I also had some more wonderful Czech honey all the way from Humpolec which I received last year from my friend Jolana. What a delicious treat this honey has been and as the name of this cake is Medovnik, which literally translates to honey cake, what better way to honor the recipe than to use my beloved Czech honey from Czech forest wildflowers.
The first thing I made was the buttercream frosting, then the condensed milk filling and then the cake. That was the order that felt most natural for me.
- ½ stick of unsalted butter
- ¼ cup of honey
- ½ cup of powdered sugar
- 1 ½ – 2 cups flour
- 2 tsp. baking powder
- 2 eggs
I say 1 ½ – 2 cups flour because I was using a ¼ cup measuring tool and I just kept scooping and scooping and I lost count. I just added enough until it brought it all together that it looked like a nice cookie dough. Although this is a cake, the dough for the ‘cake’ is more like cookie dough and the end result is like making 6 biscuits or large cookies so don’t let that shock or surprise you as you go into it.
Using a double boiler, I melted the butter on the stove over medium heat, I added the honey, eggs, sugar and baking powder and stirred until everything was melted together and well incorporated.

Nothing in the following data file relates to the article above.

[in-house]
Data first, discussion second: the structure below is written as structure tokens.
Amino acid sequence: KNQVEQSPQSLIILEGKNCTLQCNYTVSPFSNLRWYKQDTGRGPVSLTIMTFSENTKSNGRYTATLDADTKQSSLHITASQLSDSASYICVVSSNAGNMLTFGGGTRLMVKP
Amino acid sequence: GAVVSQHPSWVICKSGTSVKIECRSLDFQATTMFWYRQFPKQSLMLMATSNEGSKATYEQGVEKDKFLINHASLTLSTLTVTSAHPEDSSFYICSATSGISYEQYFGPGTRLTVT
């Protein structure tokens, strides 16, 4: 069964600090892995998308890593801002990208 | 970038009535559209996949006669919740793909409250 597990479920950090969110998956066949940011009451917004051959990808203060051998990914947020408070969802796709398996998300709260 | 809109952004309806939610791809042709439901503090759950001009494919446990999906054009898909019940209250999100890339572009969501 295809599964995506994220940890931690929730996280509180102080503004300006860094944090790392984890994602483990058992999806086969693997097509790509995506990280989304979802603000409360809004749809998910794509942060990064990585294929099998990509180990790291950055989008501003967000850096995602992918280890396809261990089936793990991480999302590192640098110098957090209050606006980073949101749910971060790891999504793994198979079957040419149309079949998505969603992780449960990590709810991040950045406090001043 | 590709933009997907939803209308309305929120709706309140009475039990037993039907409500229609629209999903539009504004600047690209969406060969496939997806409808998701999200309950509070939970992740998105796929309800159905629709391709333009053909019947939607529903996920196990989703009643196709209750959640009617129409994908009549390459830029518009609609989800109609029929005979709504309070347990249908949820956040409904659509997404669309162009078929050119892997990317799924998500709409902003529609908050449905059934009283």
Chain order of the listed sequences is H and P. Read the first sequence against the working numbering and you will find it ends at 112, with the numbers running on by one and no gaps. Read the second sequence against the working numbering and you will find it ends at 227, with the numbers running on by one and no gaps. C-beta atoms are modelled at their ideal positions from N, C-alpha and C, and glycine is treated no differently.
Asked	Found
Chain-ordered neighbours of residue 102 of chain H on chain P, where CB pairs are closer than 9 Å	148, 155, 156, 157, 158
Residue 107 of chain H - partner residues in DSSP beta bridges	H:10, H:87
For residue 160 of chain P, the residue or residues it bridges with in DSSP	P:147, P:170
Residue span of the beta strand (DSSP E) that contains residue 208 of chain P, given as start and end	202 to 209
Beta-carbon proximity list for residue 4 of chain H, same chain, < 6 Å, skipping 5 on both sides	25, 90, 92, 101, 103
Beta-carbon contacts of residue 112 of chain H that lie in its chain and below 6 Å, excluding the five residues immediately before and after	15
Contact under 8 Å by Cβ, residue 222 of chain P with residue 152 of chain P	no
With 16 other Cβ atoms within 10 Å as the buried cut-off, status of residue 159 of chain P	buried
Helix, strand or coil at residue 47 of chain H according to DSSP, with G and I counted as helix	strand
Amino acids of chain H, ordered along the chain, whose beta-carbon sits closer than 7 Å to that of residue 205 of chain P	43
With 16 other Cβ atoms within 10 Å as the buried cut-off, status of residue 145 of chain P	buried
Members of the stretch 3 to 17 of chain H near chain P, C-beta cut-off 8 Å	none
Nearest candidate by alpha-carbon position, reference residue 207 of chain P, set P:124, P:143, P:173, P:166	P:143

Then I poured the mix into a bowl and began adding flour a quarter cup scoop at a time until I got the desired consistency of a dough which would form a dough ball.
I split the dough ball into 6 equal little dough balls and I wrapped each in plastic wrap and placed it into the refrigerator.
I preheated the oven to 350 and I prepared a cookie sheet. Then I wondered how I would shape the ‘cake’, since I did not have a cookie cutter large enough. I ended up removing the bottom of my springform pan and using that as a guide. I pulled out 6 pieces of parchment paper I knew would fit the size of my ‘guide’ and I took the first dough ball out of the fridge.
I dusted the parchment with some flour and I also dusted my rolling pin. I flattened it with my hand and rolled it to the approx. size of my guide. Then, I placed my guide over the dough and using a sharp knife, I went around until I had cut a perfect circle, my ‘cake’.
I put it in the oven, set the timer for 6 minutes and got another piece of parchment, preparing the cake as before. I added the trim from the previous cake to this dough and repeated what I had done with the first cake. By the time that was finished, the timer went off and I placed the baked cake on a cooling rack and the new cake into the oven. I kept repeating the process until all 6 layers were complete.